She had to somehow stand for both

Julian Borger had a conversation with Jo Cox on Tuesday.

On Tuesday in Westminster, she talked for an hour about trolling, Brexit, Labour in the north, Syria and humanitarian intervention, life as an MP and the struggle to make a difference. We were supposed to meet on Wednesday, but it was brought forward because she had to go to her Yorkshire constituency a day early in an attempt to shore up the remain vote. That was what she was doing when she was killed.

The overwhelming majority of Labour members in Batley and Spen oppose her position on the EU referendum, and she conceded Labour had failed to connect with its supporters on immigration. A dispassionate debate on the issue was becoming impossible anyway. She felt she was pushing against the tabloid press and daily scare stories such as the supposedly imminent invasion of Turkish migrants across the Channel.

“I hear that repeated back to me on the doorsteps. Whatever was on the front page of the tabs that day. It’s getting through,” she said.

She believed passionately that it was possible to stand up for the pummelled working class of northern England, and at the same time strive to protect Syrians from bombing or at least help to care for the orphans of that war.

It’s a difficult balance…or perhaps an impossible one. I very much like the idealism of being welcoming to immigrants…but what about the idealism of welcoming huge numbers of religious conservatives? That doesn’t sound so appealing, whatever religion the newcomers adhere to.

It was not an easy or popular stance in a country at an inward-looking point in its history, and she was becoming accustomed to high levels of trolling from right and left.

Being a woman with an unpopular position invited particular levels of bile. She noted that when she wrote a critique of Jeremy Corbyn’s leadership in the Guardian last month, she received 10 times more internet hate mail than her male co-author. Her defence of immigration also drew fury. She did not mention on Tuesday that she had referred some direct threats to the police, or that a man had been arrested in connection with those threats in March.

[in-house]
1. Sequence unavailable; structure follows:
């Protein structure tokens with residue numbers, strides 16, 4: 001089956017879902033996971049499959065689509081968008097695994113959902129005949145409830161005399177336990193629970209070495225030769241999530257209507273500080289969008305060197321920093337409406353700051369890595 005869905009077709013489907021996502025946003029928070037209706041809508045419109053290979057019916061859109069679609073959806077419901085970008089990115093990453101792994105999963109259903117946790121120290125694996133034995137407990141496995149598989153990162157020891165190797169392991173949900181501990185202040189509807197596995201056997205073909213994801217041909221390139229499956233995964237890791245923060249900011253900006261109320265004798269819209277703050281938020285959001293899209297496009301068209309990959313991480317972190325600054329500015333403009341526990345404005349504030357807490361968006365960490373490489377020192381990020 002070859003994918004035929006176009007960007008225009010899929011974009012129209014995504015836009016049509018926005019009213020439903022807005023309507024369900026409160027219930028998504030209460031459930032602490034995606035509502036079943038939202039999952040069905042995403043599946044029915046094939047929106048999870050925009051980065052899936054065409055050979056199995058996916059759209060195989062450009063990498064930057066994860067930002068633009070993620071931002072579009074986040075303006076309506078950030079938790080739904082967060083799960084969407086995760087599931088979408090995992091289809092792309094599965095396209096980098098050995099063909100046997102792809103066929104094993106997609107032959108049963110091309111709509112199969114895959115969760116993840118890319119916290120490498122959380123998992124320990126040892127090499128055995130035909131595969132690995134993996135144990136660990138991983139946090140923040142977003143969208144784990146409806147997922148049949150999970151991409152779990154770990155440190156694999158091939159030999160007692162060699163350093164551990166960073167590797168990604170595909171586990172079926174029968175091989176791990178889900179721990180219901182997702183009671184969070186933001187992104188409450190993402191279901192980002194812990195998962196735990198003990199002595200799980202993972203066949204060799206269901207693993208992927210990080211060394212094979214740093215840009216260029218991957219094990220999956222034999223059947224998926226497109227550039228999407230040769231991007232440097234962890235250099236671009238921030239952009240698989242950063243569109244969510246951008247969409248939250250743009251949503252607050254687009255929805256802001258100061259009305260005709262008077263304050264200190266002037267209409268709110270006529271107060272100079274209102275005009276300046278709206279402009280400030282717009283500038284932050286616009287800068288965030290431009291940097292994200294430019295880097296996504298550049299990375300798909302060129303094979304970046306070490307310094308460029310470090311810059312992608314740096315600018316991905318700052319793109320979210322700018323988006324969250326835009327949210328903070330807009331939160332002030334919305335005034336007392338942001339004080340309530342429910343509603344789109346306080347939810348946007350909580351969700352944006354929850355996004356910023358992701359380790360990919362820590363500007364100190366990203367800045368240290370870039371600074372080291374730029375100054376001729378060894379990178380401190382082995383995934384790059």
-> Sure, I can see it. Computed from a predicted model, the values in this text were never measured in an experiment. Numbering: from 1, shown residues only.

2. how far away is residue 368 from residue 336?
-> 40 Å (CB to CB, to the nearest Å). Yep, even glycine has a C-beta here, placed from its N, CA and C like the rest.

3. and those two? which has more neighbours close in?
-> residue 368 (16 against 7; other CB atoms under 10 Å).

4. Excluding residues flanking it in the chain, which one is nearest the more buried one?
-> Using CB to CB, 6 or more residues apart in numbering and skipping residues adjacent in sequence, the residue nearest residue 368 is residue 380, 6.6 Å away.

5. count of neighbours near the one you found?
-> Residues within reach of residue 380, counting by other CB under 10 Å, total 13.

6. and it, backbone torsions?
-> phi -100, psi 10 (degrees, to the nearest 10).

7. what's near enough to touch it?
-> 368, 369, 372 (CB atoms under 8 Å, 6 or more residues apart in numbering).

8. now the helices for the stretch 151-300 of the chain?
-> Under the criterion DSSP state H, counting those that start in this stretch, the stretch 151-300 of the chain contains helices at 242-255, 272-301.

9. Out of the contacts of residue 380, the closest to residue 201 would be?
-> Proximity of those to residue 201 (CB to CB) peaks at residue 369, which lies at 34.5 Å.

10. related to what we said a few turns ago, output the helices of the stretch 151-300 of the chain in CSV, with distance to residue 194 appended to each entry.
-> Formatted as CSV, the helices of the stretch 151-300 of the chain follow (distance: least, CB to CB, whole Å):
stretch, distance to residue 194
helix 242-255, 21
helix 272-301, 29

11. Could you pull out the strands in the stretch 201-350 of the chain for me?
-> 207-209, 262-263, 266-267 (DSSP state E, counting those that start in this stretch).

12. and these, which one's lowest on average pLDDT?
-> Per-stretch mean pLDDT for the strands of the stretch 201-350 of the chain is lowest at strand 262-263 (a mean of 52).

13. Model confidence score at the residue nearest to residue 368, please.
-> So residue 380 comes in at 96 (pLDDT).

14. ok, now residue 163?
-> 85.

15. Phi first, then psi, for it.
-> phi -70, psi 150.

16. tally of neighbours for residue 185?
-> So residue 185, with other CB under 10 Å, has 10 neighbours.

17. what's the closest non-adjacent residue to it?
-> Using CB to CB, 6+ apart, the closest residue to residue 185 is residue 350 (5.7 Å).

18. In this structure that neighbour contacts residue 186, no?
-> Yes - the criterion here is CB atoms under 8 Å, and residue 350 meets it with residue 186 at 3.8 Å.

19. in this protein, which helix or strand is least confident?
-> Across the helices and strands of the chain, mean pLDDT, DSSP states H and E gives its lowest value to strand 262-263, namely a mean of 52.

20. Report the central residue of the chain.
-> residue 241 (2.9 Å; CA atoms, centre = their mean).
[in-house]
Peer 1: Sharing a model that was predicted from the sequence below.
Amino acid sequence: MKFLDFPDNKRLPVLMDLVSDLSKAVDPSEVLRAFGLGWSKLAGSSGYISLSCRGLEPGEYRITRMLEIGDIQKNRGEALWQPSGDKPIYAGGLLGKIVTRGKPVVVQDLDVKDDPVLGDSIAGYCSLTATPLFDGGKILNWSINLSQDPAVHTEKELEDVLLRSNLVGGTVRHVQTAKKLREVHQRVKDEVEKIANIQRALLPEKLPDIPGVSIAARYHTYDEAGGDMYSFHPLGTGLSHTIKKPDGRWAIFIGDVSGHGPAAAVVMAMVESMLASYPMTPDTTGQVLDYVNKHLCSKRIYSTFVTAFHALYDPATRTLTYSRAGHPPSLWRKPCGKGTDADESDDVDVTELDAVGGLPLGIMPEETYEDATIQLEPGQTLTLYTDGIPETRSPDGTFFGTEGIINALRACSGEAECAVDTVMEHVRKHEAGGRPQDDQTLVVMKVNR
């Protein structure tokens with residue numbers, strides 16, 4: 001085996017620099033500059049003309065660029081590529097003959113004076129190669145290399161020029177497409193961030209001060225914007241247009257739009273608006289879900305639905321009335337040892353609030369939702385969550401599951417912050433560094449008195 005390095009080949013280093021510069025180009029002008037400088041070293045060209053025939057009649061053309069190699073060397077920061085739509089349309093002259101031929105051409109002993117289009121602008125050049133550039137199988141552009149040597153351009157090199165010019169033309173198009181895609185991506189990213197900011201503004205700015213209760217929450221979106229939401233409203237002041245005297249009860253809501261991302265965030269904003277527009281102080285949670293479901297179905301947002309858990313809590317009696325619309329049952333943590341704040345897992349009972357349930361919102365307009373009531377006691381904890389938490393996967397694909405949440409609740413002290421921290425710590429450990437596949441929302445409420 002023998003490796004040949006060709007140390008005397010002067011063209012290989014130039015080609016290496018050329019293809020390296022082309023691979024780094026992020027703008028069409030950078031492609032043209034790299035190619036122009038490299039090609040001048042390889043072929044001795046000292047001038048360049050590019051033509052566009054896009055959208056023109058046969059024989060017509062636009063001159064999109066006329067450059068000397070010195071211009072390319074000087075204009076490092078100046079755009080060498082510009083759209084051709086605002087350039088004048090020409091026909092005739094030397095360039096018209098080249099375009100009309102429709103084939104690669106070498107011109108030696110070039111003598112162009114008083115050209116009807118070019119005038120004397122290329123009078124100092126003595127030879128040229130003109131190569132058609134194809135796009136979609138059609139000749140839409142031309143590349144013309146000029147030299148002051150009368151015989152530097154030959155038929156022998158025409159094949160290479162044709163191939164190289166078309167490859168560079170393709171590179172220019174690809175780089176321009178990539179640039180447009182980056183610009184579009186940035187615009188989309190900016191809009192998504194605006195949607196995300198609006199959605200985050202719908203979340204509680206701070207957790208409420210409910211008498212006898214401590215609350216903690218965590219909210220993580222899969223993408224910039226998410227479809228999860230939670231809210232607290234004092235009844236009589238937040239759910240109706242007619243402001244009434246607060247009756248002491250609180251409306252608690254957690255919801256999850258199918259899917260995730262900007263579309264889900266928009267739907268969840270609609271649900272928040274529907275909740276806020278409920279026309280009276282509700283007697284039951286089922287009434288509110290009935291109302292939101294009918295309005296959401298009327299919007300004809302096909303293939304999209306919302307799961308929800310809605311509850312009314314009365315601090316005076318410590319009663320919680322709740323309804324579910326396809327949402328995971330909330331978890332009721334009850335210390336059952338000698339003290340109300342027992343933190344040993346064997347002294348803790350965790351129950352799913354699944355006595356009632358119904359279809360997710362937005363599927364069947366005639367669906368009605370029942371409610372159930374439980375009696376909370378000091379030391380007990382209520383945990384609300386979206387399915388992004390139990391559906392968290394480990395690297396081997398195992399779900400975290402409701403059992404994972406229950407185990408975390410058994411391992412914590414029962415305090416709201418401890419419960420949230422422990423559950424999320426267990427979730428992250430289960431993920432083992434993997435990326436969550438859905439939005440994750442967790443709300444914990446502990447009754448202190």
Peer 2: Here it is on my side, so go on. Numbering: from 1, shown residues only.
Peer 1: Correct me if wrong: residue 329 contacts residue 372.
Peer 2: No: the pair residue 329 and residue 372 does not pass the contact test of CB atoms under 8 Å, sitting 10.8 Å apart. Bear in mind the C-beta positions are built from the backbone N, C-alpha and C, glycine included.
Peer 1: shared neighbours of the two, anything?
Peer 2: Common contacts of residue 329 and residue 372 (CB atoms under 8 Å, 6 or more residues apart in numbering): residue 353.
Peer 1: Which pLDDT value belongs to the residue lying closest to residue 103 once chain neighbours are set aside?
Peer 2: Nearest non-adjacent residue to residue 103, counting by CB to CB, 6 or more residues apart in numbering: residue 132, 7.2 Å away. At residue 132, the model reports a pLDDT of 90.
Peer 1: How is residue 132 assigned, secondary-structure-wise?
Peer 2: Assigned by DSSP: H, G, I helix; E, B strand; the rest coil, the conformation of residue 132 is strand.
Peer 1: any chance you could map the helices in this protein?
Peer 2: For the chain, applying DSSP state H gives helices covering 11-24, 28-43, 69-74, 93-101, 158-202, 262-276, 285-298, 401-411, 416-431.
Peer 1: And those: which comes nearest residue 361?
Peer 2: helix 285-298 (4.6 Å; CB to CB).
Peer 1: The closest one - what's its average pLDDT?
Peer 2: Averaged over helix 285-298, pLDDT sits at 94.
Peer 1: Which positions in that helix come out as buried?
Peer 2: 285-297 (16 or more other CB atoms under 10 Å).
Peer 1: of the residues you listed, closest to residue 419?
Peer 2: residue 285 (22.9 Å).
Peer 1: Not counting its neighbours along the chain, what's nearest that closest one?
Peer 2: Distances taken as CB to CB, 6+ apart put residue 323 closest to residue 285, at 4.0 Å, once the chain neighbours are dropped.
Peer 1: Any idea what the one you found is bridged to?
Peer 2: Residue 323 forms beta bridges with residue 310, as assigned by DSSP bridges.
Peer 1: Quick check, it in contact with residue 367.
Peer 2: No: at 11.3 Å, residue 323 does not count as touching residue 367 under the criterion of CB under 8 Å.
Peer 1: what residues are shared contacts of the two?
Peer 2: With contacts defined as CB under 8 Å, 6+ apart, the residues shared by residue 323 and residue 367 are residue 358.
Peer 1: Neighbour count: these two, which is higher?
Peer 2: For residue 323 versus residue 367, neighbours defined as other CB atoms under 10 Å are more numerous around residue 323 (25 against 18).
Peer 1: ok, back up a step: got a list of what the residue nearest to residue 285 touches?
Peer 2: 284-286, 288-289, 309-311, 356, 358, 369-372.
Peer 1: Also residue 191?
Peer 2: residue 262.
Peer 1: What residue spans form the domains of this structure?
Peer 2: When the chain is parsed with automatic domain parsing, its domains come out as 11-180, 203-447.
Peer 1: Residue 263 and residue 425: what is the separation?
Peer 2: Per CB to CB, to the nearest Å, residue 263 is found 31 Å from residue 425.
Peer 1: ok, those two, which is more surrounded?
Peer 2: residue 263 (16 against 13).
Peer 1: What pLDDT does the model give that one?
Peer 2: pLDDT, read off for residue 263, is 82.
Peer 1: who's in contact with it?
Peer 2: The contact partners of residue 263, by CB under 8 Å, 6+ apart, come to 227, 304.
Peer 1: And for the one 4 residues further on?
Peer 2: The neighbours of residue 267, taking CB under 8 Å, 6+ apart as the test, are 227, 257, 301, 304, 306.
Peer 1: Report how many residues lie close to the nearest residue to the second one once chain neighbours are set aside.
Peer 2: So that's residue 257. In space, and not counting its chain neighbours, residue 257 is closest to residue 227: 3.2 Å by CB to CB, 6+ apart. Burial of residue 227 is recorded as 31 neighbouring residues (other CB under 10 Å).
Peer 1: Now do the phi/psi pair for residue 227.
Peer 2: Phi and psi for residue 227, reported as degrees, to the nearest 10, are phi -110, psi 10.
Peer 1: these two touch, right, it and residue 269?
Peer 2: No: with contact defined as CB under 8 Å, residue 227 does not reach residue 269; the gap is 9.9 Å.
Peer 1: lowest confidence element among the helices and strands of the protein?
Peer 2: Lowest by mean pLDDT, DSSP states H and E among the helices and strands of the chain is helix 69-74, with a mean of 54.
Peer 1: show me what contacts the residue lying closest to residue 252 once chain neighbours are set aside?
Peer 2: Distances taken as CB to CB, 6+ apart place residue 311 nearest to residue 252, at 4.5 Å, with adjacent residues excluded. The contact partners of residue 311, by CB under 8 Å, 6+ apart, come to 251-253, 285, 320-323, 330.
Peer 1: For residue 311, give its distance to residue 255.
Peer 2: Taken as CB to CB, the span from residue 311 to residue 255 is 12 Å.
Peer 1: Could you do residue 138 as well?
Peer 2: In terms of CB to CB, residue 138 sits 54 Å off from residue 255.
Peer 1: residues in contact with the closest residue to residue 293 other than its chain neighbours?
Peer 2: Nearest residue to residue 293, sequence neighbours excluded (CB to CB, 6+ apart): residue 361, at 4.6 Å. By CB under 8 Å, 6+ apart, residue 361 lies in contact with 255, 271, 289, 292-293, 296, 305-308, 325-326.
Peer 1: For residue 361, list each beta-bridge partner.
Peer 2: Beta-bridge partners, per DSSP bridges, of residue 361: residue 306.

10 times more internet hate mail than her male co-author, and more bullets and stabs and death. She got trolling, and hate mail, and threats, and murdered.

As a daughter of the working-class north, but also a former aid worker and human rights advocate in war zones abroad, she said she could not betray one part of that identity for another. She had to somehow stand for both. She described blank stares from constituents when she talked about Syria and the scale of the suffering there, but said she would go on talking about the war and mass killing in other foreign fields regardless.

I admire that. It really is hard standing for both.

She was not optimistic about her political future or that of her party. She felt the EU referendum had “made it OK somehow for Labour people to switch to Ukip.” Neither had she gone into politics to remain a backbencher for the foreseeable future. “I came in to make a difference, to be a minister, to make policy,” she said. She clearly possessed many of the attributes of a potential party leader – female, northern, working class roots, eloquent and photogenic – but she insisted she was not cut out for the top spot.

She was torn, she said. Part of her wanted to stay on and “fight to save the Labour party” in the political turmoil that might follow a Brexit vote. Part of her wanted to get out of politics if she could not make policy, and look at other ways of making a difference in the world. She spoke enthusiastically of the work her husband, Brendan, was doing in researching how to fight negative stereotypes of immigrants in the public consciousness, caricatures that increasingly dominated public debate in Britain.

And then she talked about life on a houseboat, and then she left to get ready for her trip north.

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